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On Russian Music$
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Richard Taruskin

Print publication date: 2008

Print ISBN-13: 9780520249790

Published to California Scholarship Online: May 2012

DOI: 10.1525/california/9780520249790.001.0001

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Prokofieff's Return

Prokofieff's Return

Chapter:
(p.233) 20 Prokofieff's Return
Source:
On Russian Music
Author(s):

Richard Taruskin

Publisher:
University of California Press
DOI:10.1525/california/9780520249790.003.0021

This chapter appraises the invocation of Prokofieff's essence, in an age that found stark reflection of itself in Prokofieff's piece for Sergey Eisenstein's 1938 film Alexander Nevsky. The portrayal of the victory of a thirteenth-century Russian despot over an alliance of Germanic and Finnish invaders paralleled the contemporary hostility that Russia was facing on a common German Finnish front, and the requisite of a new despot to garner support. The project, both the film and the music, was executed under strict party supervision, and hence, the content had to be appeasing in nature. From the outside, it seems an outrage, an unacceptable compromise of art, virtually unqualified for greatness. This chapter seeks to extract the finesse that this compromised art of appeasing reflected, not once separating it from its essential yoke. Alexander Nevsky seemed to lead by example; authentic art requires political, moral aloofness.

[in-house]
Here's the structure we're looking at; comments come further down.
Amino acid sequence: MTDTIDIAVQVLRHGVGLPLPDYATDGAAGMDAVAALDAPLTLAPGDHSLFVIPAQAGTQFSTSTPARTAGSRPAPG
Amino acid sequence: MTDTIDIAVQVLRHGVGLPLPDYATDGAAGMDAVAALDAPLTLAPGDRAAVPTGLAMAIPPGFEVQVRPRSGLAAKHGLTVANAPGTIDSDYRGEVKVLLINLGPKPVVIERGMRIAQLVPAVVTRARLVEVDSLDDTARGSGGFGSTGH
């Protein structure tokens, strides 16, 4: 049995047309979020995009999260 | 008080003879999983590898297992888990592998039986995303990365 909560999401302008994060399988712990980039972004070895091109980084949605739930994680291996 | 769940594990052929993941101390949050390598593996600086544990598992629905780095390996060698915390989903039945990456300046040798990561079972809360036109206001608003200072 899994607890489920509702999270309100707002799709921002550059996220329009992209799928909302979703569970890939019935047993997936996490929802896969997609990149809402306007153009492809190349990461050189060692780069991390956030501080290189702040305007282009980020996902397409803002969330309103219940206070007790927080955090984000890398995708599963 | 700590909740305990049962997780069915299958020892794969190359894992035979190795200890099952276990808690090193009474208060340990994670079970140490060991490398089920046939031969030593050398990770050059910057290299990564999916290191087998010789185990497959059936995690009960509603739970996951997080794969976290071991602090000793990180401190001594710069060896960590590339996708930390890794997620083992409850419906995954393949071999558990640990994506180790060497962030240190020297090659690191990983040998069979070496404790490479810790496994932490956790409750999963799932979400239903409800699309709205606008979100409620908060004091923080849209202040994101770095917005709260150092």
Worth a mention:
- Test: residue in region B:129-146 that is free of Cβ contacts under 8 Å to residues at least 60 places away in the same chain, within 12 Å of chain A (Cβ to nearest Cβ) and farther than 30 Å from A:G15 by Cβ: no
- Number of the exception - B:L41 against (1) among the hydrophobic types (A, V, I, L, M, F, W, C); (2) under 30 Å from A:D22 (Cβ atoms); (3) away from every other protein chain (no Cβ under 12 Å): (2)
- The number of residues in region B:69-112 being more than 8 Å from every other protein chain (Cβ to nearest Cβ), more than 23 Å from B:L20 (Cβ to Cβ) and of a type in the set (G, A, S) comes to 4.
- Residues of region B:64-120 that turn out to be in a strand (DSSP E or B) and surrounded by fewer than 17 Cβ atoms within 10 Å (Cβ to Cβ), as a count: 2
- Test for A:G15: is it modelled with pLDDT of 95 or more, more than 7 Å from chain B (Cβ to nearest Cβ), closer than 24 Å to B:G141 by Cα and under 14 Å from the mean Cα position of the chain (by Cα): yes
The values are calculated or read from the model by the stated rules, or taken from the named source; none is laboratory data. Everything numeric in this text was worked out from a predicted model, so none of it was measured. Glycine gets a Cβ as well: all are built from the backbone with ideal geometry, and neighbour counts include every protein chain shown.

Keywords:   Prokofieff, Alexander Nevsky, Germanic, Russian despot, Finnish invaders

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